A friend in Program says . . .
Step 12 consists of looking inward and looking outward.
Outwardly, the Step directs us to other people — alcoholics, addicts, people with the same compulsions that nearly destroyed our lives. Although most of us work with other people in our programs long before we reach Step 12, this Step places that work in a new context. We do it not only to maintain our personal recovery, but as a result of a “spiritual awakening” — an awakening that has permitted me to see that these others are not merely like me, but are me. As my ego drives me less and less, so I see these people — indeed, everyone in the world — as myself. And if they are part of me, and if I am part of them, then carrying the message to them is the same as carrying it to myself.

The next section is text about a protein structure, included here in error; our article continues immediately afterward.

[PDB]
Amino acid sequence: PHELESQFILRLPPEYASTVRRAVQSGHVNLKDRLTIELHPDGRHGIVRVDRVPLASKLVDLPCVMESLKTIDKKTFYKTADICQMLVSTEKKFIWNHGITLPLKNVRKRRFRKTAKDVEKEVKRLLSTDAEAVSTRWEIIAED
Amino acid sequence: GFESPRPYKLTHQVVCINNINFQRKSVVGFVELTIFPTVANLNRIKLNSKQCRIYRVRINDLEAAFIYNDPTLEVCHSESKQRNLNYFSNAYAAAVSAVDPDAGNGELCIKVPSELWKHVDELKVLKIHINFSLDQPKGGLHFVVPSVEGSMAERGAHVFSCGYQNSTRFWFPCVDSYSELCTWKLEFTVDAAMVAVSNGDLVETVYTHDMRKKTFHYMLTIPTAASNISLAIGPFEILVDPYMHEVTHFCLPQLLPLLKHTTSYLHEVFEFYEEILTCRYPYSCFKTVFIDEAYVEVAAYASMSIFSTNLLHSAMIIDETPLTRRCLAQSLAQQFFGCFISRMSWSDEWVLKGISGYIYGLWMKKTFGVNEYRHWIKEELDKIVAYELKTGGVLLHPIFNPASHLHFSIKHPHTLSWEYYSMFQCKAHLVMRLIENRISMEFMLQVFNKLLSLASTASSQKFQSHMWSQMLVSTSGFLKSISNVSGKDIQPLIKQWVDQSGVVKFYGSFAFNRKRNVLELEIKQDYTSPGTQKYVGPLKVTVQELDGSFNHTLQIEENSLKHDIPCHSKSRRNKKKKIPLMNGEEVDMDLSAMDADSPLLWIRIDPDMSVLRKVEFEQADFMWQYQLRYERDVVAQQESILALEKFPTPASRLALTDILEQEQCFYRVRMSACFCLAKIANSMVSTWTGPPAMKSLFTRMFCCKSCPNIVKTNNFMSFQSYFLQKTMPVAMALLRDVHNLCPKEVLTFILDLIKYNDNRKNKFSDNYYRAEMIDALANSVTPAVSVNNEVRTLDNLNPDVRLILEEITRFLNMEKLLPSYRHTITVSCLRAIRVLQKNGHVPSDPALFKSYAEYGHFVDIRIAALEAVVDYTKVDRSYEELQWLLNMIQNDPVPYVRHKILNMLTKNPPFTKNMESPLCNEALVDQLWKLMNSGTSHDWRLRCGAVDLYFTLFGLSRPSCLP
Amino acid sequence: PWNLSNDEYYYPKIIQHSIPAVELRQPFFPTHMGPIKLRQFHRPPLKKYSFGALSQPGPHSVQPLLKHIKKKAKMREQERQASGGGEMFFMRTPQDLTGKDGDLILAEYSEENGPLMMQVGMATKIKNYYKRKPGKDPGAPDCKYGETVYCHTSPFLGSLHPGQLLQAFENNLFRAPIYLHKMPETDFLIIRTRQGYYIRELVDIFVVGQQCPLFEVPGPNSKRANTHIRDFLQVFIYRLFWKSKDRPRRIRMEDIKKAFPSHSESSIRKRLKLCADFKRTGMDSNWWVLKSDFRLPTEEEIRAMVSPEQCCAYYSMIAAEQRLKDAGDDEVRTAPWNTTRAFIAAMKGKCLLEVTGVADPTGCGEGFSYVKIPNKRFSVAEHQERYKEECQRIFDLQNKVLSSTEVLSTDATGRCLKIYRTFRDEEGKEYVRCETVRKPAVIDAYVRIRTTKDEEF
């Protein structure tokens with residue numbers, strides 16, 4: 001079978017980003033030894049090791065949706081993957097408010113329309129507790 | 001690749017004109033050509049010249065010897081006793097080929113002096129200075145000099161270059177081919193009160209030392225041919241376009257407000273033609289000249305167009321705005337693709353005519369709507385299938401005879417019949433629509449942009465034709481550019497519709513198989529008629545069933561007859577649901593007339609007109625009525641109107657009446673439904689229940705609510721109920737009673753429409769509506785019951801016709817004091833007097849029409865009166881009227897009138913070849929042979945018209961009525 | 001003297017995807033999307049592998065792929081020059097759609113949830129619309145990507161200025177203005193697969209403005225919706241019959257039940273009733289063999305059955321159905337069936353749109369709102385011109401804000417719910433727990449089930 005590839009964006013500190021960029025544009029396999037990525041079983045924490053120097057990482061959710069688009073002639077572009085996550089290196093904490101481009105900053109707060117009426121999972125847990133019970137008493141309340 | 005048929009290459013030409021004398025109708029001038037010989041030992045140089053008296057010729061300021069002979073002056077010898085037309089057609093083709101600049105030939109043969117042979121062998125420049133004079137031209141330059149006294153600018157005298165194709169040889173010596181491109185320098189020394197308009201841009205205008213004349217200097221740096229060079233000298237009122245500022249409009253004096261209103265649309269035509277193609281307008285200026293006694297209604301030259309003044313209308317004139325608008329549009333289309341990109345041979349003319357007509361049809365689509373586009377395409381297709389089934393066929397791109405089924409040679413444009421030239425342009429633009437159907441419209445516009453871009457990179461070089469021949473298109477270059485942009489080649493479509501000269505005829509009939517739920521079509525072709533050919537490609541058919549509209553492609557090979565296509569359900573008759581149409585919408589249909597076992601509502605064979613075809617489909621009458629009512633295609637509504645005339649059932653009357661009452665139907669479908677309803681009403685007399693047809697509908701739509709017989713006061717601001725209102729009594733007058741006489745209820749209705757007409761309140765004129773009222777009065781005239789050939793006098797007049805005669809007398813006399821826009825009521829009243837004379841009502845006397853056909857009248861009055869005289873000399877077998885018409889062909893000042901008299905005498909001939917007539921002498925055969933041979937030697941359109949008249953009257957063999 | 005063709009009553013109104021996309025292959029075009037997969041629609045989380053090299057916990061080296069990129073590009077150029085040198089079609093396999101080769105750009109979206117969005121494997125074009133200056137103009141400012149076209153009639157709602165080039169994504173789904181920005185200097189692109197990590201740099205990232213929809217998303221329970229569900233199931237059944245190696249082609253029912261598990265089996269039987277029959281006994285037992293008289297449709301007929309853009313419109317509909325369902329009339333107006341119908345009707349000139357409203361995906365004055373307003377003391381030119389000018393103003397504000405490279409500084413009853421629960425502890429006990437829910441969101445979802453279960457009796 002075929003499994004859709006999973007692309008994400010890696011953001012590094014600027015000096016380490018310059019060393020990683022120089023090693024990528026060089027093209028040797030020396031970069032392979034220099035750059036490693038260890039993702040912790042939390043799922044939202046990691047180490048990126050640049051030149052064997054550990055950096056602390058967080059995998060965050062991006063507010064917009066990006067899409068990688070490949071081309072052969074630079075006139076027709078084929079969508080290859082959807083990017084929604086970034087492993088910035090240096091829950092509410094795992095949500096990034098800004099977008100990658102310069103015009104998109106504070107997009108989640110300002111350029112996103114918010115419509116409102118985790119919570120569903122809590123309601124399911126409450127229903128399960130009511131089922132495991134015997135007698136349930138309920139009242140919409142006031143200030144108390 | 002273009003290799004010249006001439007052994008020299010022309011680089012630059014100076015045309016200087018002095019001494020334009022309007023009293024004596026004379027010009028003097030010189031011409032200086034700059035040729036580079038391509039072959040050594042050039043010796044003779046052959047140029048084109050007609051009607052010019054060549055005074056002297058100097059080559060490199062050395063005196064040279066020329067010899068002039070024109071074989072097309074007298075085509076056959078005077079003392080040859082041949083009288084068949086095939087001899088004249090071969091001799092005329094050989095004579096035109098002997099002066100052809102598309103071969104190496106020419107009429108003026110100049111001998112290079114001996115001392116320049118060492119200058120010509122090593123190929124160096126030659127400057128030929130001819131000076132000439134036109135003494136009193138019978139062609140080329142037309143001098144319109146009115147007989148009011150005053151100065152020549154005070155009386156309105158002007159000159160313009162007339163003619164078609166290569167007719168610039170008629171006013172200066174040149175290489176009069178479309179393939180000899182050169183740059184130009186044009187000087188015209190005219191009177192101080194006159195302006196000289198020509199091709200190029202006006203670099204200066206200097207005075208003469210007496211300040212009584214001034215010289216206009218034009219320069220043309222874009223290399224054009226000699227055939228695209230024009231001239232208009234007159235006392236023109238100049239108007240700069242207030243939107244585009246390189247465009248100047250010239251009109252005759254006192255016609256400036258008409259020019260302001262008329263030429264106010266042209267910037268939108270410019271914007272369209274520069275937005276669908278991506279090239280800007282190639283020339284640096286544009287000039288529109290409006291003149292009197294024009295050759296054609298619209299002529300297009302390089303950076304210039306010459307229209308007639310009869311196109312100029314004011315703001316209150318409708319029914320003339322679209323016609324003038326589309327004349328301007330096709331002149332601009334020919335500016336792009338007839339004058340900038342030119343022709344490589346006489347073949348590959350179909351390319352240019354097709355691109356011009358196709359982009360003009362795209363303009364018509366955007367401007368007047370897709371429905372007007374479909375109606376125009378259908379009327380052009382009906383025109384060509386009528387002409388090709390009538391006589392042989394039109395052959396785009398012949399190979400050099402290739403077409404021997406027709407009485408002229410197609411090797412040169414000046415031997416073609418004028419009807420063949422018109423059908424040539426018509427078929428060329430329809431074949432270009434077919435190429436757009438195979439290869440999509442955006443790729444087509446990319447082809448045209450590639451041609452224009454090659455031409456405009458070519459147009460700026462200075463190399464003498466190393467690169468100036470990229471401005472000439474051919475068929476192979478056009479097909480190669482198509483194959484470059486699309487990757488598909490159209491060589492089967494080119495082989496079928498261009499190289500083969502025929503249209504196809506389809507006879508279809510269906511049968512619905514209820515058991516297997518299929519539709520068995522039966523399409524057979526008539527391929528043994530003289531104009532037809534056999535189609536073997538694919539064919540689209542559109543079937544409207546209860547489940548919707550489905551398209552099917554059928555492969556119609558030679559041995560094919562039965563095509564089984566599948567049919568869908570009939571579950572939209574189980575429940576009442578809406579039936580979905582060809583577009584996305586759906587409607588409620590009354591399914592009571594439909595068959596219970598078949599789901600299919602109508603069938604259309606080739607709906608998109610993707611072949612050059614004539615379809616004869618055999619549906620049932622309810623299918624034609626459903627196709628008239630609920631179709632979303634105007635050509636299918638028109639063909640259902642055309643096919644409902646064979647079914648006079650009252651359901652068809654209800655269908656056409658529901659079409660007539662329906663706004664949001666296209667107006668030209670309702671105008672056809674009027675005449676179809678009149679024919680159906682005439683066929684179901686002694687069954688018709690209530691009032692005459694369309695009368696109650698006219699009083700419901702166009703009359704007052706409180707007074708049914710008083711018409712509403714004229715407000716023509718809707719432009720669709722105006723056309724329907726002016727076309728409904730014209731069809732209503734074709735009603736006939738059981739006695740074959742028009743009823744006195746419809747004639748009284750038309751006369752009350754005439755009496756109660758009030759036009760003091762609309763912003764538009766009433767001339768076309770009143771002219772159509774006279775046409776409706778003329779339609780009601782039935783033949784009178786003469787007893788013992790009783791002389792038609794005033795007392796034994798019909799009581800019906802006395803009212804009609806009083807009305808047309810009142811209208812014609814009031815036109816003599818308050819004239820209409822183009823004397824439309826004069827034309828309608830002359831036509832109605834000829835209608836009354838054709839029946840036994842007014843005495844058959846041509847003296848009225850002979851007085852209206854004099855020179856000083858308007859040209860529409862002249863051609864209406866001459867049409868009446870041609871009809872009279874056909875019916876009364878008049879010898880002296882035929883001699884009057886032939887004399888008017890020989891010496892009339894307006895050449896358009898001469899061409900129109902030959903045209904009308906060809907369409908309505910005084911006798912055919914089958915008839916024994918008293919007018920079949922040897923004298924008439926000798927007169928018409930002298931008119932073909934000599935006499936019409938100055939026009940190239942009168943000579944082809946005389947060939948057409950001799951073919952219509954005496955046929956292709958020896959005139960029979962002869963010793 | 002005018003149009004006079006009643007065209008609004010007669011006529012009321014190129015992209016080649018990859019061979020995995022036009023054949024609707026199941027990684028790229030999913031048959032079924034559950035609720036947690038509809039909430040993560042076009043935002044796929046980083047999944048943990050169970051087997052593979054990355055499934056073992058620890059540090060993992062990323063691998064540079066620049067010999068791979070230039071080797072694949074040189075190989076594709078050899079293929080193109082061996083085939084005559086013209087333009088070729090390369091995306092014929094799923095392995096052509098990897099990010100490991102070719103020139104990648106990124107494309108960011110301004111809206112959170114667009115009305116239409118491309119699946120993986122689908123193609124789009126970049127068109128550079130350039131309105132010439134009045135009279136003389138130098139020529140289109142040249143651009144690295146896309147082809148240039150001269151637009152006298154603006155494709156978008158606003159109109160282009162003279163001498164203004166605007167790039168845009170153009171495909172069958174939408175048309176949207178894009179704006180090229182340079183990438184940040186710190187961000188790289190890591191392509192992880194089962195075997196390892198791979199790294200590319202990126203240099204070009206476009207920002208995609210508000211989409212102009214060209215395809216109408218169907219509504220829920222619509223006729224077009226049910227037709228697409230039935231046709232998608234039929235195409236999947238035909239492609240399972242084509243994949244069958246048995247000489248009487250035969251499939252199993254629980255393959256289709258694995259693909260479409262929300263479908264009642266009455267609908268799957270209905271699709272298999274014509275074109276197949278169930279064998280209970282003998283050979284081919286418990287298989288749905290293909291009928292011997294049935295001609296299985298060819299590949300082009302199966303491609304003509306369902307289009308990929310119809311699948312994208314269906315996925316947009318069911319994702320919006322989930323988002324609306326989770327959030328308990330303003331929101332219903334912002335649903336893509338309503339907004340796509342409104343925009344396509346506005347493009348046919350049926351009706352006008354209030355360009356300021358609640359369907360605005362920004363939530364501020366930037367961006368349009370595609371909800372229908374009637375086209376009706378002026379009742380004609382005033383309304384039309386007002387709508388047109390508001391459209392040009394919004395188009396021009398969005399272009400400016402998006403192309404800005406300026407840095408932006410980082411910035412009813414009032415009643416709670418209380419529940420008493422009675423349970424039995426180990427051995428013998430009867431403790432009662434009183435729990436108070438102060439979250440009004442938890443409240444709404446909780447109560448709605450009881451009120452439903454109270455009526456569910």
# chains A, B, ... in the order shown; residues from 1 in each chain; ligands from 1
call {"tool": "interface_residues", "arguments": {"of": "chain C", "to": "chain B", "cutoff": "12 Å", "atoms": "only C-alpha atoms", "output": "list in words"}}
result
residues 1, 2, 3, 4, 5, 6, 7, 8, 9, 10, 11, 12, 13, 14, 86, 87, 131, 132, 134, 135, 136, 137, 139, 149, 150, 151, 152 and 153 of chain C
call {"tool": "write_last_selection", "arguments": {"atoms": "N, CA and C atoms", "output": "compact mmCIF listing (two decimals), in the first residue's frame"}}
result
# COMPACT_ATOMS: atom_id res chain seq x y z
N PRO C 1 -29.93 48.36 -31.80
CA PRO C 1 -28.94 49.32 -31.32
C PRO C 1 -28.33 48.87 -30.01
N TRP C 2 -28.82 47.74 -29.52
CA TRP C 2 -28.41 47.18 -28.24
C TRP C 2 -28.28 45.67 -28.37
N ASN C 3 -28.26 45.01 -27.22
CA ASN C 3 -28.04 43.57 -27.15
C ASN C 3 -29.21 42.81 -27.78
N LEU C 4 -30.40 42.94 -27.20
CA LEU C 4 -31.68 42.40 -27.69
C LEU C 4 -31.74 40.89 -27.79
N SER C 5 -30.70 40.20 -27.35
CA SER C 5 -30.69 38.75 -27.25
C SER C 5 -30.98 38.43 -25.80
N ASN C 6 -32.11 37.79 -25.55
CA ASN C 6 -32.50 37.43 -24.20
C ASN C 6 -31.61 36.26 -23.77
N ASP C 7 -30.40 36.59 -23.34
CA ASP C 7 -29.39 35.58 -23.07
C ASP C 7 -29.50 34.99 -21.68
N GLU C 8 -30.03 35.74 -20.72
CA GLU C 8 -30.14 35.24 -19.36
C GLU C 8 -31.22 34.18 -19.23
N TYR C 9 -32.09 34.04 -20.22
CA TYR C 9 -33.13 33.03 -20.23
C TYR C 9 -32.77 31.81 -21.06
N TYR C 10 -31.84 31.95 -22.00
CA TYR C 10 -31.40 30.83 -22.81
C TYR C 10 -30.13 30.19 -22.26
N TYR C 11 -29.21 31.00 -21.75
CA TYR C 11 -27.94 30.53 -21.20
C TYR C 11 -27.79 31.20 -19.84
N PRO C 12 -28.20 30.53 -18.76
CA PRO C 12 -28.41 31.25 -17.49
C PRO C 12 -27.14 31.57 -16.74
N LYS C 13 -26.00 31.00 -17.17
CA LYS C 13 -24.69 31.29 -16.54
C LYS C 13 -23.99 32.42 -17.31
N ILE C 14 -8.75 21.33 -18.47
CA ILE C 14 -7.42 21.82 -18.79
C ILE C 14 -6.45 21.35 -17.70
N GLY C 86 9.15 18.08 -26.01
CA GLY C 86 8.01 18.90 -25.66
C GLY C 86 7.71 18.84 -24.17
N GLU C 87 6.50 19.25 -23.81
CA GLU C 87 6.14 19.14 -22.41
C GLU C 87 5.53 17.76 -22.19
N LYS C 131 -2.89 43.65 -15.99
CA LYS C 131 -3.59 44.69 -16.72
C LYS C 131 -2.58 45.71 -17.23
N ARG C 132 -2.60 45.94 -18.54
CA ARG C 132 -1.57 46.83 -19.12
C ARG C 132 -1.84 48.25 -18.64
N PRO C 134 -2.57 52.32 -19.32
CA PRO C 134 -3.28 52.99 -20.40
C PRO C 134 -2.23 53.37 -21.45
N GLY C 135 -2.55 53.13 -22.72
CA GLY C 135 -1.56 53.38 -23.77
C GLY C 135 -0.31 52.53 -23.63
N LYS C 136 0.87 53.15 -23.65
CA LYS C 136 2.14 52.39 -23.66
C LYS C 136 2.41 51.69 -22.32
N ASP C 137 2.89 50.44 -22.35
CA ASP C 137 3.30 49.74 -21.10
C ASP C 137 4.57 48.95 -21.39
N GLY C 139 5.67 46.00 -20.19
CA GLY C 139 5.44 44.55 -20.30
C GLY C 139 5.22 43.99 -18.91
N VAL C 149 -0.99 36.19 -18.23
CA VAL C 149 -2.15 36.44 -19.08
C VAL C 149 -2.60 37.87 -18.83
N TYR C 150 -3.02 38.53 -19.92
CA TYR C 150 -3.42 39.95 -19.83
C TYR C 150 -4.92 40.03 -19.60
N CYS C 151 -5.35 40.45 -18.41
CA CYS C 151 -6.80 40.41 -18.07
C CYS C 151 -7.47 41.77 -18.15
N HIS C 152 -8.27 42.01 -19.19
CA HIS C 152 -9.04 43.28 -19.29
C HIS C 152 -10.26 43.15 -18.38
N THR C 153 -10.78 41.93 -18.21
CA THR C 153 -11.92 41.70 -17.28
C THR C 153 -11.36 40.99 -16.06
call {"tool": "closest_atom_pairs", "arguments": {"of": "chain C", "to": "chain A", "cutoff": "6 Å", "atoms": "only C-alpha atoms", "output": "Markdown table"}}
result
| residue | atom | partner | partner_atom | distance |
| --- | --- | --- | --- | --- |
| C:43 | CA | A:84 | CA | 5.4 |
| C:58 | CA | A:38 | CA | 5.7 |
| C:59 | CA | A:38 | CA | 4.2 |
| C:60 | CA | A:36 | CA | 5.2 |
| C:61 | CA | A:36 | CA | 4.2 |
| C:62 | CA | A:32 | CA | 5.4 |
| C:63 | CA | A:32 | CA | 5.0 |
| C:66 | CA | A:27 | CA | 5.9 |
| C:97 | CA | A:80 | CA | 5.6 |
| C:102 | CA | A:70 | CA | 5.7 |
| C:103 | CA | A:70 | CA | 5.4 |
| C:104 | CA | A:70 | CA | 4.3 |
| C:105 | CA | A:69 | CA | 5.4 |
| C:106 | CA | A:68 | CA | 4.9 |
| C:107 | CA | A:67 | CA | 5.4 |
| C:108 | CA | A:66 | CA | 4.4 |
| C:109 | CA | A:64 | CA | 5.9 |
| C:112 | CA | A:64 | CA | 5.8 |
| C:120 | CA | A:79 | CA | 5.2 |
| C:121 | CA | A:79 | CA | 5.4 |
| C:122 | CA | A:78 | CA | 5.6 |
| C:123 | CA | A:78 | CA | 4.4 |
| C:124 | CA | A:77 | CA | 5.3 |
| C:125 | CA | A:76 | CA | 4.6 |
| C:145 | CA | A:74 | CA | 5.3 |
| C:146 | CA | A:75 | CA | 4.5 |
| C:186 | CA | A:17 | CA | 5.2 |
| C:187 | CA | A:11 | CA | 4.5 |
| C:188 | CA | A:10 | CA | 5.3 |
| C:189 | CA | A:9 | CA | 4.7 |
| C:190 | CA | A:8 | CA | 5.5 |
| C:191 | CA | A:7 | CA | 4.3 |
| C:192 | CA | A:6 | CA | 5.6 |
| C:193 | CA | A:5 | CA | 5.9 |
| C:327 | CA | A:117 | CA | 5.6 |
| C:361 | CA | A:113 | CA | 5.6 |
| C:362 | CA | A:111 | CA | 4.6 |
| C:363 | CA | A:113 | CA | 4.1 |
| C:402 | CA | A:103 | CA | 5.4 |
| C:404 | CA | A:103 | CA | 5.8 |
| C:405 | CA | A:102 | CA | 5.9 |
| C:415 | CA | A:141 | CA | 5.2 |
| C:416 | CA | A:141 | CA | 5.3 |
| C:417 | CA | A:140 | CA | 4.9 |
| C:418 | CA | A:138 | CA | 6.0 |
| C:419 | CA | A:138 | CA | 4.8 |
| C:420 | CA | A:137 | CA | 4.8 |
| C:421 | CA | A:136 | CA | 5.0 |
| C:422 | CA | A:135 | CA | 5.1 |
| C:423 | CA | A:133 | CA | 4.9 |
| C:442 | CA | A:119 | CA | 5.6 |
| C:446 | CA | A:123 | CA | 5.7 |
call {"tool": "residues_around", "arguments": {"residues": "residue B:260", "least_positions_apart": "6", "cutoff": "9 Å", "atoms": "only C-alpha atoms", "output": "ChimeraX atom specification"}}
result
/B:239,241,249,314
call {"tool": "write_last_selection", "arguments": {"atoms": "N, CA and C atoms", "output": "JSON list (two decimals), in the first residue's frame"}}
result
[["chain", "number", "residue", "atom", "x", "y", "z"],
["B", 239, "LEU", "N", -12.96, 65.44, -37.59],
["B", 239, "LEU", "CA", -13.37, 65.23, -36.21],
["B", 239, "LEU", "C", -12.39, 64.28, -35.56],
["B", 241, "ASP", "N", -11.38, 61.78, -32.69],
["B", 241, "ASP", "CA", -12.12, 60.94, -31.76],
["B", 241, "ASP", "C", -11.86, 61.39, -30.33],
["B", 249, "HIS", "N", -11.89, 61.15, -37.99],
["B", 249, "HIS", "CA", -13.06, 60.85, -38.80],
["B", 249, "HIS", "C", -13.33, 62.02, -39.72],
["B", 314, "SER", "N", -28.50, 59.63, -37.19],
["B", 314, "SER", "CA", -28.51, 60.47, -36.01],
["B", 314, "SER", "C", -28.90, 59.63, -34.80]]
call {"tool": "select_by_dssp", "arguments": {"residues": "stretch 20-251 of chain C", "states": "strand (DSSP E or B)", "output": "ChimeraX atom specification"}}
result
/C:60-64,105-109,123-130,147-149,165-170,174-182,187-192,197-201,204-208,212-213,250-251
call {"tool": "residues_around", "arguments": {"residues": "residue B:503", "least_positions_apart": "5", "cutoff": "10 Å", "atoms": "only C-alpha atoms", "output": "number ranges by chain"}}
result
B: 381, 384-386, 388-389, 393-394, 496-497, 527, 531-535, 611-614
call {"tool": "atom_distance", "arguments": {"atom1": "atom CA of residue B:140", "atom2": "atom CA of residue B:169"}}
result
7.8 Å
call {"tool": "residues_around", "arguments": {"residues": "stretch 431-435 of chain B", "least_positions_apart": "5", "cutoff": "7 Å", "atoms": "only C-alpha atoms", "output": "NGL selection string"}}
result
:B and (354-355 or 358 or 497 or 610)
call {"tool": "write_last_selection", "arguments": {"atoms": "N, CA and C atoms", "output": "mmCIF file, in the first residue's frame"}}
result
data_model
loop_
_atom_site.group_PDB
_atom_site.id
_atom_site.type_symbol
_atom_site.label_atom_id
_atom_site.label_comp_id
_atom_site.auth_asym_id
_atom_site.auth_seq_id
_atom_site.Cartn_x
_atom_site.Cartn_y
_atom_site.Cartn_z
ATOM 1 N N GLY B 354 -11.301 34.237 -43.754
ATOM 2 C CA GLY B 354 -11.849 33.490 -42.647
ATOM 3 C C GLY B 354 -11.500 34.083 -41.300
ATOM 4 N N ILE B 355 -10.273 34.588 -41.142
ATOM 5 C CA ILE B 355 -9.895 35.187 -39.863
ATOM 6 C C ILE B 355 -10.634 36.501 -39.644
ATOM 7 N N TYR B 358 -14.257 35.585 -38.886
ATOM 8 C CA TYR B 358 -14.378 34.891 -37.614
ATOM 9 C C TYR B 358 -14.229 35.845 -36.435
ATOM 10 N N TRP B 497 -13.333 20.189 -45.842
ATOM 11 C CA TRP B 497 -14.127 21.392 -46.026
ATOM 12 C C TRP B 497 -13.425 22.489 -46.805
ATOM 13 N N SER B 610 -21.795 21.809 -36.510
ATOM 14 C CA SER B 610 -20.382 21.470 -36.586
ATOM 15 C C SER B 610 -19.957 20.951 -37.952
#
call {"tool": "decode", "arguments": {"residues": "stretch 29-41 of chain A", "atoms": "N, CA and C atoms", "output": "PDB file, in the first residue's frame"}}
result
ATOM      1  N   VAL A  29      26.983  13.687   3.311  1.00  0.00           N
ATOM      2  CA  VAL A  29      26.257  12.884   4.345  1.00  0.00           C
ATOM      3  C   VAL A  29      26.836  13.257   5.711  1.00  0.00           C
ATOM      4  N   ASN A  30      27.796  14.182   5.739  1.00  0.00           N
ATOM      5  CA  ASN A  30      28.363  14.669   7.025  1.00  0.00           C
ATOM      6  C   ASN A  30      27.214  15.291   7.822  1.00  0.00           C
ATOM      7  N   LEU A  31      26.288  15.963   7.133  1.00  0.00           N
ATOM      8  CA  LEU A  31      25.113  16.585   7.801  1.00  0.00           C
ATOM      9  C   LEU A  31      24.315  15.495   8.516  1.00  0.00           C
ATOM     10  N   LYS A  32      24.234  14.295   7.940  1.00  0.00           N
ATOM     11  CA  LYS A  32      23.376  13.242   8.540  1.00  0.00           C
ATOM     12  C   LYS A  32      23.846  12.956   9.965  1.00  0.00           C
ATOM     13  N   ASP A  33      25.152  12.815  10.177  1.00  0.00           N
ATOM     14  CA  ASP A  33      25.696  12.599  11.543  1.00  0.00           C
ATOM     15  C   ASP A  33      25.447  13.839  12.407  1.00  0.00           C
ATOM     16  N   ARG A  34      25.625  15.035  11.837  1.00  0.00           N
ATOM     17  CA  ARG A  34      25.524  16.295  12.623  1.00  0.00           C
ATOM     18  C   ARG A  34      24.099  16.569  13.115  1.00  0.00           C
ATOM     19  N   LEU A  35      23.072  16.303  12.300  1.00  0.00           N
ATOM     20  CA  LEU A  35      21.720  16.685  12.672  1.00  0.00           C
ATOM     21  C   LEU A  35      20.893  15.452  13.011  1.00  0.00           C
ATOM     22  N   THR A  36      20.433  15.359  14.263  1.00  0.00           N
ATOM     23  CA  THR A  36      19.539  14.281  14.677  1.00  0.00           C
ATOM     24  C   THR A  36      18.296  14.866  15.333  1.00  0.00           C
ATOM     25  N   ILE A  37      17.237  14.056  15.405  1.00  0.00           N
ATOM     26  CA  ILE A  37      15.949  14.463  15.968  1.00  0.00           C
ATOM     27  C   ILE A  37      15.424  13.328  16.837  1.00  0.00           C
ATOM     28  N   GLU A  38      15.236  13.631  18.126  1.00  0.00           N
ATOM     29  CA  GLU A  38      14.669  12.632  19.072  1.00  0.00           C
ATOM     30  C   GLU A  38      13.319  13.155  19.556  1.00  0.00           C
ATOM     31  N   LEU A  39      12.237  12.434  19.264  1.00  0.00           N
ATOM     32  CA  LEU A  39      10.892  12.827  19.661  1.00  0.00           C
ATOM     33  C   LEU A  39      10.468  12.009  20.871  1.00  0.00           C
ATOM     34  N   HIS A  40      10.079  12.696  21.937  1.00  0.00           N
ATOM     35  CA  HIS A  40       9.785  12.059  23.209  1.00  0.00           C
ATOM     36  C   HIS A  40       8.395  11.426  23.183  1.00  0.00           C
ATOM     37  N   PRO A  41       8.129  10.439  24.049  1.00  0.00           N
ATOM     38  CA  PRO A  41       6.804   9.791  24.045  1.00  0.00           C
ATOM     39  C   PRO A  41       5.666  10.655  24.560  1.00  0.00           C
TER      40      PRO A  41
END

The Step suggests we practice the principles we have learned in all our affairs. At first this may look like an “outward” practice as well. But there will be no outward change unless something has profoundly shifted inside us. This part of Step 12 is not some sort of worn-out moral goal, which if achieved successfully will somehow “save” us. It is a way of life that we can only attempt if the old “I” has begun to die against the daily practice of Steps 10 and 11.
“The spiritual life is never one of achievement: it is always one of letting go.”
Thank you Judy for sharing this with the group!